Sickle cell disease is a genetic chronic haemolytic and pro-inflammatory disorder. The clinical manifestations of sickle cell disease result from the presence of mutations on the beta globin genes that generate an abnormal haemoglobin product (called haemoglobin S) within the red blood cell. Sickle cell disease can lead to many complications such as acute chest syndrome, stroke, acute and chronic bone complications (including painful vaso-occlusive crisis, osteomyelitis, osteonecrosis and osteoporosis). With increased catabolism and deficits in energy and nutrient intake, individuals with sickle cell disease suffer multiple macro- and micro-nutritional deficiencies, including vitamin D deficiency. Since vitamin D maintains calcium homeostasis and is essential for bone mineralisation, its deficiency may worsen musculoskeletal health problems encountered in sickle cell disease. Therefore, there is a need to review the effects and the safety of vitamin D supplementation in sickle cell disease.
To investigate the hypothesis that vitamin D supplementation increases serum 25-hydroxyvitamin D level in children and adults with sickle cell disease.To determine the effects of vitamin D supplementation on general health such as growth status and health-related quality of life; on musculoskeletal health including bone mineral density, pain crises, bone fracture and muscle health; on respiratory health which includes lung function tests, acute chest syndrome, acute exacerbation of asthma and respiratory infections; and the safety of vitamin D supplementation in children and adults with sickle cell disease.
We searched the Cochrane Haemoglobinopathies Trials Register, compiled from electronic database searches and handsearching of journals and conference abstract books. We also searched database such as PubMed, clinical trial registries and the reference lists of relevant articles and reviews.Date of last search: 15 December 2016.
Randomised controlled studies and quasi-randomised controlled studies (controlled clinical studies) comparing oral administration of any form of vitamin D supplementation to another type of vitamin D or placebo or no supplementation at any dose and for any duration, in people with sickle cell disease, of all ages, gender, and phenotypes including sickle cell anaemia, haemoglobin sickle cell disease and sickle beta-thalassaemia diseases.
Two authors independently extracted the data and assessed the risk of bias of the included study. They used the GRADE guidelines to assess the quality of the evidence.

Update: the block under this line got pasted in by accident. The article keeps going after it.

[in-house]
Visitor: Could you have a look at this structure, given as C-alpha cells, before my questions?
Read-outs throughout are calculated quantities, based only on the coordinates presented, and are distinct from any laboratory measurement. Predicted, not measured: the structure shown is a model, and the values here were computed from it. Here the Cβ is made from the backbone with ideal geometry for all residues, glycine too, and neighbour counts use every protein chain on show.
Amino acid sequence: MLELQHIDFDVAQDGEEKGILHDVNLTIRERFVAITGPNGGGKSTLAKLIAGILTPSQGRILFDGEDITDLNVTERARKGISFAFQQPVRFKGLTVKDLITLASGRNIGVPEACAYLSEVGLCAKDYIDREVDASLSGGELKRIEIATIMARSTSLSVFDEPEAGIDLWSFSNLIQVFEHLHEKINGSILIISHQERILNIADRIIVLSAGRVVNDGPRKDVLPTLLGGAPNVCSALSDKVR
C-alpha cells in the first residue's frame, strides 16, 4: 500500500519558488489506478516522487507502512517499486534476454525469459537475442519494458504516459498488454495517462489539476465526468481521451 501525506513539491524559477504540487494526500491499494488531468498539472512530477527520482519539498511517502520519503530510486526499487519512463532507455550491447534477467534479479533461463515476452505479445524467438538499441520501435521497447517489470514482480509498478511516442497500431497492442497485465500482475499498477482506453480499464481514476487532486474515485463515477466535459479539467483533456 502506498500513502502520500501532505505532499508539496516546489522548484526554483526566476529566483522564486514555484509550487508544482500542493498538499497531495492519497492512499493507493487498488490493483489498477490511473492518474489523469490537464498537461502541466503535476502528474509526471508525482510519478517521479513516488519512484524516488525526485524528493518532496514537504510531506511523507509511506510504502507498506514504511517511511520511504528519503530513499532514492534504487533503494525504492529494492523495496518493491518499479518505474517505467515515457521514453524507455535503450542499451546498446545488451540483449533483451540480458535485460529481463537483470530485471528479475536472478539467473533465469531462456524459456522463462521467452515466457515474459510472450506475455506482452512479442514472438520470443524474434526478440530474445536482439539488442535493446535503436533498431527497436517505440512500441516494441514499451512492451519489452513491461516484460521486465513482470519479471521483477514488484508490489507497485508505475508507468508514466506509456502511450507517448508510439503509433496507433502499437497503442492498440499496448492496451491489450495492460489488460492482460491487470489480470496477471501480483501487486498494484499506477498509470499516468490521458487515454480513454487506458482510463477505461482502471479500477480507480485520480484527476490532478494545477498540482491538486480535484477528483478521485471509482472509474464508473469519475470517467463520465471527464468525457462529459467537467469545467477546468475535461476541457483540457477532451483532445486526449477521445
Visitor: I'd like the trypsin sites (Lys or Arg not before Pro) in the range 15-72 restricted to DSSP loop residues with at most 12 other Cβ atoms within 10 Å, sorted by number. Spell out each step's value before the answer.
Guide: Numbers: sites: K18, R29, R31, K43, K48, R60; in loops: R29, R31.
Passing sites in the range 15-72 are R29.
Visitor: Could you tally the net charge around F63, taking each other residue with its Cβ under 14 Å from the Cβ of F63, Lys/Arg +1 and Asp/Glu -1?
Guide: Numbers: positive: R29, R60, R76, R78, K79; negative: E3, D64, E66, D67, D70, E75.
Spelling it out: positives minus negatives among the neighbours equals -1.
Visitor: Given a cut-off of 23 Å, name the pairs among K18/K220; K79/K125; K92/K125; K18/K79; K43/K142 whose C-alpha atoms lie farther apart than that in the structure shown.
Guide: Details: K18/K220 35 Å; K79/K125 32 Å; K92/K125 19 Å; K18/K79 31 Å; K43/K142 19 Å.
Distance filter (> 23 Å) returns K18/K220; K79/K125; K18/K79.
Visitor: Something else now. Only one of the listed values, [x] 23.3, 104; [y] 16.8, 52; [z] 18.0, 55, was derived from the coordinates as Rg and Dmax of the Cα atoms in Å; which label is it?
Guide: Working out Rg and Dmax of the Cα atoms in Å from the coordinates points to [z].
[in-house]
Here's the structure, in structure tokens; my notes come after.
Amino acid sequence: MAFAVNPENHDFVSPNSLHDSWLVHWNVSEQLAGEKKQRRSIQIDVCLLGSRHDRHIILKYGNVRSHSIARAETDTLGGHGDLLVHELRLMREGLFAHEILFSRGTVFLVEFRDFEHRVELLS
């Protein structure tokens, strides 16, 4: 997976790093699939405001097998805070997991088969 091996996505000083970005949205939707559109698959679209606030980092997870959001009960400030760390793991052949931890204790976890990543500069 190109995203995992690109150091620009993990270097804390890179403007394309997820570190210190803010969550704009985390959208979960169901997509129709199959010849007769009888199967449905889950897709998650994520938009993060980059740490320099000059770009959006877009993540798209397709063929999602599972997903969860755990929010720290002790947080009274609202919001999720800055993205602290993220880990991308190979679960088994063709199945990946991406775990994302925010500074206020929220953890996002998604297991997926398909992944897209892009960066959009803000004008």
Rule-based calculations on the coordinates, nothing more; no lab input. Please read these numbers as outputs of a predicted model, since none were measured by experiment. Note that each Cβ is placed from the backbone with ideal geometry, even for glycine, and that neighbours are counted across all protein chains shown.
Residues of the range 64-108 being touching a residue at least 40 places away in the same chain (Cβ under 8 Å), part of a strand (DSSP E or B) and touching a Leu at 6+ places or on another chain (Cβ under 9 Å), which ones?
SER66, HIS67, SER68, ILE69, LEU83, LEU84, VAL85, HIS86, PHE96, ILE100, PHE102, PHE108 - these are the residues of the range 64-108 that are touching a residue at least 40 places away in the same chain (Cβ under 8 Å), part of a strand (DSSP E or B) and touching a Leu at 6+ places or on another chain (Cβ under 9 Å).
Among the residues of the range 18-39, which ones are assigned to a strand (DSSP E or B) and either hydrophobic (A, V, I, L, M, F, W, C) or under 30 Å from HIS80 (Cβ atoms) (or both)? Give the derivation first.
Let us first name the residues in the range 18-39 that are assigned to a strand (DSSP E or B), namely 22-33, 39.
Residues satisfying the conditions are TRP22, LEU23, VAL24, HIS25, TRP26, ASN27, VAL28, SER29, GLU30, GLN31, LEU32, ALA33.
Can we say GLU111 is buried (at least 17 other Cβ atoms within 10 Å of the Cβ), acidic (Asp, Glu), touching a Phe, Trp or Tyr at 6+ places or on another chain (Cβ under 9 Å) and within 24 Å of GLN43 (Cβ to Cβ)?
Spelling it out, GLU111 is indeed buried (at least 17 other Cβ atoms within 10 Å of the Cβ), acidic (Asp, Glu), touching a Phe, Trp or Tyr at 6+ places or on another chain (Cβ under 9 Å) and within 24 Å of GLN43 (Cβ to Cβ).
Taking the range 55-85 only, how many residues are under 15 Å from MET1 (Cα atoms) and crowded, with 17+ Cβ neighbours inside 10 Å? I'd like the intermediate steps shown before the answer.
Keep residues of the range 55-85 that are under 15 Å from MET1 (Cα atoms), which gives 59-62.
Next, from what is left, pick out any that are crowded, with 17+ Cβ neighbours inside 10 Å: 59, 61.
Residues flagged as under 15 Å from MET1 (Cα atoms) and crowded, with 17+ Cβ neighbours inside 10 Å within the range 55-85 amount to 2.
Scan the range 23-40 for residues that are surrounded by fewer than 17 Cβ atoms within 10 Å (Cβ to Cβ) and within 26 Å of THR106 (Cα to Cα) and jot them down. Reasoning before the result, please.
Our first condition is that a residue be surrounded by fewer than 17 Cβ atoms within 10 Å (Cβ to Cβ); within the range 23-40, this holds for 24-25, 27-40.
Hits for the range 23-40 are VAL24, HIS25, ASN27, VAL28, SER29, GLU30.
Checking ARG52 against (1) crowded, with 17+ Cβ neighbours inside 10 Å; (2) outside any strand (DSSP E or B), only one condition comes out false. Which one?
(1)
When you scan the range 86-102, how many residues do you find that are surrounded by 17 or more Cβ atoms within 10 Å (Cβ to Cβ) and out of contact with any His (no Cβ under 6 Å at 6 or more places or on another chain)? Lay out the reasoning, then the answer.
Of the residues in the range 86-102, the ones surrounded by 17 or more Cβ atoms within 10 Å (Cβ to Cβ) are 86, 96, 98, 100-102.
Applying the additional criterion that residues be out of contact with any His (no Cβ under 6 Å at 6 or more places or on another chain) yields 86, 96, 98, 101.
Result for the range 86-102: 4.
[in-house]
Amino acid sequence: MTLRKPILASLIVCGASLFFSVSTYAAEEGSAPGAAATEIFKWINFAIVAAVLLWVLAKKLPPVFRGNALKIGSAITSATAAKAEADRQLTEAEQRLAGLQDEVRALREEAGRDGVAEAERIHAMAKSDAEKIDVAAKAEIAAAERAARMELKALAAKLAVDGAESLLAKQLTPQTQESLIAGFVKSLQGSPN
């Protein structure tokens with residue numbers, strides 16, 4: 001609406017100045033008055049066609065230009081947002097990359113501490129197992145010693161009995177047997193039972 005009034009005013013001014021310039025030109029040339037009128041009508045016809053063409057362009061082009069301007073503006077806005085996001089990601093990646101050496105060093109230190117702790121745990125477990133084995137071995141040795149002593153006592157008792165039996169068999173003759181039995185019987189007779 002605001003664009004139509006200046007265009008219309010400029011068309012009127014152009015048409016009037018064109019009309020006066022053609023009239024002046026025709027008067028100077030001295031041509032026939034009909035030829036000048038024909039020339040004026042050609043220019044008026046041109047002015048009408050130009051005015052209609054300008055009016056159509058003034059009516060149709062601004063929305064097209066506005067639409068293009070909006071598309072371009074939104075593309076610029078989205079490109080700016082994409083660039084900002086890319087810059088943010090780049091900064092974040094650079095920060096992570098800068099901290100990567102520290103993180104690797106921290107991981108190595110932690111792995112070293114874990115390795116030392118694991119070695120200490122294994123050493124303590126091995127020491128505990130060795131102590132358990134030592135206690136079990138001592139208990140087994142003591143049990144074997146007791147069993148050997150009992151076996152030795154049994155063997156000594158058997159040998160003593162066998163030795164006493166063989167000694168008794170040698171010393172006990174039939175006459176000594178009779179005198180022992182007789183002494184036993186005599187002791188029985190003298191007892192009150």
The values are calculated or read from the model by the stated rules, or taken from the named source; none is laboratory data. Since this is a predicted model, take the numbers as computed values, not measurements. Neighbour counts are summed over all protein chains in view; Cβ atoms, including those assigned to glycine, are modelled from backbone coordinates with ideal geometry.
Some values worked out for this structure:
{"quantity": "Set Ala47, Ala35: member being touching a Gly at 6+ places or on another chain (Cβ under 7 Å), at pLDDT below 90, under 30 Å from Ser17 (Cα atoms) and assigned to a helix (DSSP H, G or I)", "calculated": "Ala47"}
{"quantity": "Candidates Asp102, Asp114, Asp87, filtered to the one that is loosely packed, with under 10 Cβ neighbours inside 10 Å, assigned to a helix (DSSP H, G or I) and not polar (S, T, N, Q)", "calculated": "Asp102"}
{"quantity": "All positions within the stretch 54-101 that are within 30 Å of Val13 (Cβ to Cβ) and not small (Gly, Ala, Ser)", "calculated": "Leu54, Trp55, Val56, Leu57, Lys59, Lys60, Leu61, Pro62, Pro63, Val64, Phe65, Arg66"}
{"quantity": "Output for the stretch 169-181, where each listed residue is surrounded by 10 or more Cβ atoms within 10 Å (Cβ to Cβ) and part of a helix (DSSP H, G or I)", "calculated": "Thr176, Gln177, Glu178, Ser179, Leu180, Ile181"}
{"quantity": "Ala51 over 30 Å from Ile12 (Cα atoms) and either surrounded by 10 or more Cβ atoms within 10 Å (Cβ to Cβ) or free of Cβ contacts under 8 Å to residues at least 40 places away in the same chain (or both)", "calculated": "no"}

One double-blind randomised controlled study including 46 people with sickle cell disease (HbSS, HbSC, HbSβ+thal and HbSβ0thal) was eligible for inclusion in this review. Of the 46 enrolled participants, seven withdrew before randomisation leaving 39 participants who were randomised. Only 25 participants completed the full six months of follow up. Participants were randomised to receive oral vitamin D3 (cholecalciferol) (n = 20) or placebo (n = 19) for six weeks and were followed up to six months. Two participants from the treatment group have missing values of baseline serum 25-hydroxyvitamin D, therefore the number of samples analysed was 37 (vitamin D n = 18, placebo n = 19).The included study had a high risk of bias with regards to incomplete outcome data (high dropout rate in the placebo group), but a low risk of bias for other domains such as random sequence generation, allocation concealment, blinding of participants, personnel and outcome assessors, selective outcome reporting; and an unclear risk of other biases.Compared to the placebo group, the vitamin D group had significantly higher serum 25-hydroxyvitamin D (25(OH)D) levels at eight weeks, mean difference 29.79 (95% confidence interval 26.63 to 32.95); at 16 weeks, mean difference 12.67 (95% confidence interval 10.43 to 14.90); and at 24 weeks, mean difference 15.52 (95% confidence interval 13.50 to 17.54). We determined the quality of the evidence for this outcome to be moderate. There was no significant difference of adverse events (tingling of lips or hands) between the vitamin D and placebo groups, risk ratio 3.16 (95% confidence interval 0.14 to 72.84), but the quality of the evidence was low. Regarding the frequency of pain, the vitamin D group had significantly fewer pain days compared to the placebo group, mean difference -10.00 (95% confidence interval -16.47 to -3.53), but again the quality of the evidence was low. Furthermore, the review included physical functioning PedsQL scores which was reported as absolute change from baseline. The vitamin D group had a lower (worse) health-related quality of life score than the placebo group but this was not significant at eight weeks, mean difference -2.02 (95% confidence interval -6.34 to 2.30). However, the difference was significant at both 16 weeks, mean difference -12.56 (95% confidence interval -16.44 to -8.69) and 24 weeks, mean difference -12.59 (95% confidence interval -17.43 to -7.76). We determined the quality of evidence for this outcome to be low.
We included only one low-quality clinical study which had a high risk of bias with regards to incomplete outcome data. Therefore, we consider that the evidence is not of sufficient quality to guide clinical practice. Until further evidence becomes available, clinicians should consider the relevant existing guidelines for vitamin D supplementation (e.g. the Endocrine Society Clinical Practice Guidelines) and dietary reference intakes for calcium and vitamin D (e.g. from the USA Institute of Medicine). Evidence of vitamin D supplementation in sickle cell disease from high quality studies is needed. Well-designed, randomised, placebo-controlled studies of parallel design, are required to determine the effects and the safety of vitamin D supplementation in children and adults with sickle cell disease.